Governing, before and after colonization, is a matter of commandment, which rests on an imaginary of state sovereignty. Sovereignty rests in turn on a founding violence that gives the state the sole power to judge. That founding violence is converted into authority without constraint. To this is joined a kind of everyday violence, in acts and rituals. Anything contesting this violence as law is savage and outlaw. Sovereignty is exercised as an indiscriminate force that disqualifies its own negation.

No questions arise as to the ends of commandment. It is purely a matter of means. “The lack of justice of the means, and the lack of legitimacy of the ends, conspired to allow an arbitrariness and intrinsic unconditionality that may be said to have been the distinctive feature of colonial sovereignty. Postcolonial state forms have inherited this unconditionality and the regime of impunity that was its corollary.” (26)

Commandment acts with impunity because what it commands is to it an animal. This goes back to colonial times. The native is alien to the colonizer. The native is an animal with a bundle of drives but to abilities. There can only be domination. In Hegelian terms, the native cannot be the means via which spirit realizes itself. It is possible to sympathize with the colonized, but only in the same way as the colonizer has affection for animals. The animal can be domesticated, groomed, but is not human. To the colonizer, the colonized has only animal needs: to drink, eat, fuck, not human possibilities.

Commandment crosses a boundary between what elsewhere might be public and private. It shouts its commands at any time. Commandment is outside common law, in a time and place of permanent exception. There is a delegation of rights to companies and colonizers, along with privileges and immunities. Commandment thinks it is both ruling and civilizing, but the latter just means incorporation into production, through coercion and corruption. The colonized are not recognized as having rights.

Civil society presupposes a distinction between public and private power. The colony lacks such distinctions. Nor does it have a distinction between right and force. Civil society presupposed autonomous institutions. Civil society contains a tension between inclusion and equality and exclusion and inequality (on which see Chantal Mouffe). The colony and postcolony lack this doubly: as indigenous social forms and as colonial ones. Of course, there is much variation in the combinations of pre-existing power and colonial power, and whether the postcolony is about exploiting mineral resources or cash crops. But in none of these various cases was the state formed out of reciprocity of obligations between a state and a people. There is no duty of protection.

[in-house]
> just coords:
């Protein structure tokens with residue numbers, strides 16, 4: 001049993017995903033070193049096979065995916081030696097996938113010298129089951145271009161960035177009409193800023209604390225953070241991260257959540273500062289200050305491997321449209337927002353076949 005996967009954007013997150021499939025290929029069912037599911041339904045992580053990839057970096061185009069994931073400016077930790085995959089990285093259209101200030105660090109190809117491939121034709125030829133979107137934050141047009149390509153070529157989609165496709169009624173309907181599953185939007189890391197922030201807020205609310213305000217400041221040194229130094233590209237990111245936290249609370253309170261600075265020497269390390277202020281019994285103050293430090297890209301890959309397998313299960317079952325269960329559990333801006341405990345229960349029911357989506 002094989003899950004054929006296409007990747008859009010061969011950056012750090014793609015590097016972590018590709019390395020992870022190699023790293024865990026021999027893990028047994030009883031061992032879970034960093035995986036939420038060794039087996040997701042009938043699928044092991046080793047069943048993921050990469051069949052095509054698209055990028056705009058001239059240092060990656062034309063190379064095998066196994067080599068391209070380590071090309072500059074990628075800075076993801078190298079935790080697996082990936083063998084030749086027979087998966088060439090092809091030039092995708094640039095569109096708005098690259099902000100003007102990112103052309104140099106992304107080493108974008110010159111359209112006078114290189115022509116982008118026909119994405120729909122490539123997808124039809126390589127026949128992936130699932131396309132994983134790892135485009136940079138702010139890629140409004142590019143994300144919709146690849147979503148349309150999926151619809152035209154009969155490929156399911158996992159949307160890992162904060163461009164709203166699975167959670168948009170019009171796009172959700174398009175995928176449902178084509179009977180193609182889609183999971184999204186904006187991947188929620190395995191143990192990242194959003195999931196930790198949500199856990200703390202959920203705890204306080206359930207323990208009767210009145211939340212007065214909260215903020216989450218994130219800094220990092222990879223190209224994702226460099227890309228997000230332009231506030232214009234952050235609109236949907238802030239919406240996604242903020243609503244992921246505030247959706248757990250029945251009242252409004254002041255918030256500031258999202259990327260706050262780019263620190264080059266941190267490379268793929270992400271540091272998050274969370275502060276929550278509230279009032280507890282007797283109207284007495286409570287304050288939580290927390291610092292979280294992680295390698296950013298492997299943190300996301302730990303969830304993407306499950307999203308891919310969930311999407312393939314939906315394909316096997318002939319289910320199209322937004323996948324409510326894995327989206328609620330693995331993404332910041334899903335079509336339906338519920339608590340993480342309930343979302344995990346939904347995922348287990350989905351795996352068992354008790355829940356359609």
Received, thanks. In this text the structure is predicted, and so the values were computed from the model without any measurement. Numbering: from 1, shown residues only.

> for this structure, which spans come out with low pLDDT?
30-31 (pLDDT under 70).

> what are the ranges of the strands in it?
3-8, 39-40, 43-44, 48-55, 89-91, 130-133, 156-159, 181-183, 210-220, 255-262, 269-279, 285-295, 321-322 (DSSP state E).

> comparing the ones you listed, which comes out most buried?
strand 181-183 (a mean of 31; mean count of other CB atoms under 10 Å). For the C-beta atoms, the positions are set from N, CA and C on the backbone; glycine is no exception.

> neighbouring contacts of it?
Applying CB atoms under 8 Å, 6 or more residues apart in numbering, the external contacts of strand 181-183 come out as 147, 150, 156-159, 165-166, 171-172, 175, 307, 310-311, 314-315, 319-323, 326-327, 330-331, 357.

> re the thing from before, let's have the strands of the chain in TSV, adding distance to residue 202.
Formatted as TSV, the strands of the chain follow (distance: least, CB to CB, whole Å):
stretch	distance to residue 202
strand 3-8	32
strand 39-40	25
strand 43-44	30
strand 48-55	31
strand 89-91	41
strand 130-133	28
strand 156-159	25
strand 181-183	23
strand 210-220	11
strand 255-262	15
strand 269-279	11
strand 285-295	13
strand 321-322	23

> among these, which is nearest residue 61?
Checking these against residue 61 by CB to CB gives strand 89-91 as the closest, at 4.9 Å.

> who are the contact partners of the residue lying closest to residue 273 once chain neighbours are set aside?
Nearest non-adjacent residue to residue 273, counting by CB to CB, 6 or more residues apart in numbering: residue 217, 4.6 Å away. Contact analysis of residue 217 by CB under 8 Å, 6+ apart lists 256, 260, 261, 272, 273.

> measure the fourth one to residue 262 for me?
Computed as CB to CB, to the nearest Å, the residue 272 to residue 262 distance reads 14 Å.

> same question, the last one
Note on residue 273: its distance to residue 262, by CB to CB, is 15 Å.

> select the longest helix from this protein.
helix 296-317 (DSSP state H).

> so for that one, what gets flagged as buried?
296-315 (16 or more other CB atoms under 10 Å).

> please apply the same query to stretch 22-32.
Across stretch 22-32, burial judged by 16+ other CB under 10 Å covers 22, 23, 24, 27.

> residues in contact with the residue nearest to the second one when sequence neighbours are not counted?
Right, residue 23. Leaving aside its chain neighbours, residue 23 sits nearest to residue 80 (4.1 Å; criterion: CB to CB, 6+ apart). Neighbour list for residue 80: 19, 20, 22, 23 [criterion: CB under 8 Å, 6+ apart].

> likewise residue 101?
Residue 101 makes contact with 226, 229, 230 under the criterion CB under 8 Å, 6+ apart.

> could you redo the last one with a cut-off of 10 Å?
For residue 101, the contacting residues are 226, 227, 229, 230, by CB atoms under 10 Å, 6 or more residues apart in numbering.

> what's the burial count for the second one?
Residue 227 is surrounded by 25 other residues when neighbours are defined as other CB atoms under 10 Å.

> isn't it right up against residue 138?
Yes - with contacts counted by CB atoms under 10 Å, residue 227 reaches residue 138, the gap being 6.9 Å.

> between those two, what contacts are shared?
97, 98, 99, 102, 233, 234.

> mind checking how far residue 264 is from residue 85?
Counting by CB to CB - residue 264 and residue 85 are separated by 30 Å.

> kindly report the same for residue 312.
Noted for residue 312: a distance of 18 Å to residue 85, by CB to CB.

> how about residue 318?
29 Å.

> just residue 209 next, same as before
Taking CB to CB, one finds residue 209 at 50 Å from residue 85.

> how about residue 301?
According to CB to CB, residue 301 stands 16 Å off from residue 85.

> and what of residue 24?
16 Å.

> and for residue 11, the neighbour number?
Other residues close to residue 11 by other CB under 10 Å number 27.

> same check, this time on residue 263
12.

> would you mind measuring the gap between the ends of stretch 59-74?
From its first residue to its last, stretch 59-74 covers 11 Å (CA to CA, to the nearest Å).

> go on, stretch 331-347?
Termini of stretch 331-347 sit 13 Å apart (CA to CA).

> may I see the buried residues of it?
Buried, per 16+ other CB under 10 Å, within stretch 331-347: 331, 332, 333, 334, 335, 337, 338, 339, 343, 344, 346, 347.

The postcolonial state affirms the more despotic aspects of the colonial one, itself resting on indigenous power forms, sometimes reinvented for the occasion. These were often authoritarian regimes. However, for a while, postcolonial states did manage some measure of allocation of enjoyments and utilities. There was no relation between job and salary, or salary and wealth produced. Jobs were distributed by the state to secure loyalty and gratitude and model a form of obedience for the population. Salaries made subjection seem legitimate. They were not based on any imaginary of political equality and equal representation, but quite the opposite. Rather, they were claims via which the state created debts on society. They were about redistribution, not equivalence. “The means of livelihood he or she received were not designed to reward a process of converting energy into wealth, but were helping shape a particular figure of submission and domination.” (45)

Economic things were converted into social and political things. It was a triple process: a state take-over of society, a socialization of state power, and a privatization of public prerogatives. Mbembe: “the allocation of utilities and means of livelihood has taken the form of a practically uncontrolled extension of the chain of privileges, material benefits, and enjoyments that the ruling clique has arrogated to itself.” (49)

With the end of the cold war and rise of global vectors of communication and trade, these states did not do well. It was not possible to turn them into productive combinations for world markets. The salary regime gave way to survival strategies, including quasi-criminal ones among the rank and file of the armed forces, with a culture of raids and booty, and an economy that looks more like war. Africa economies went underground. What export growth there is can’t cover debt repayments.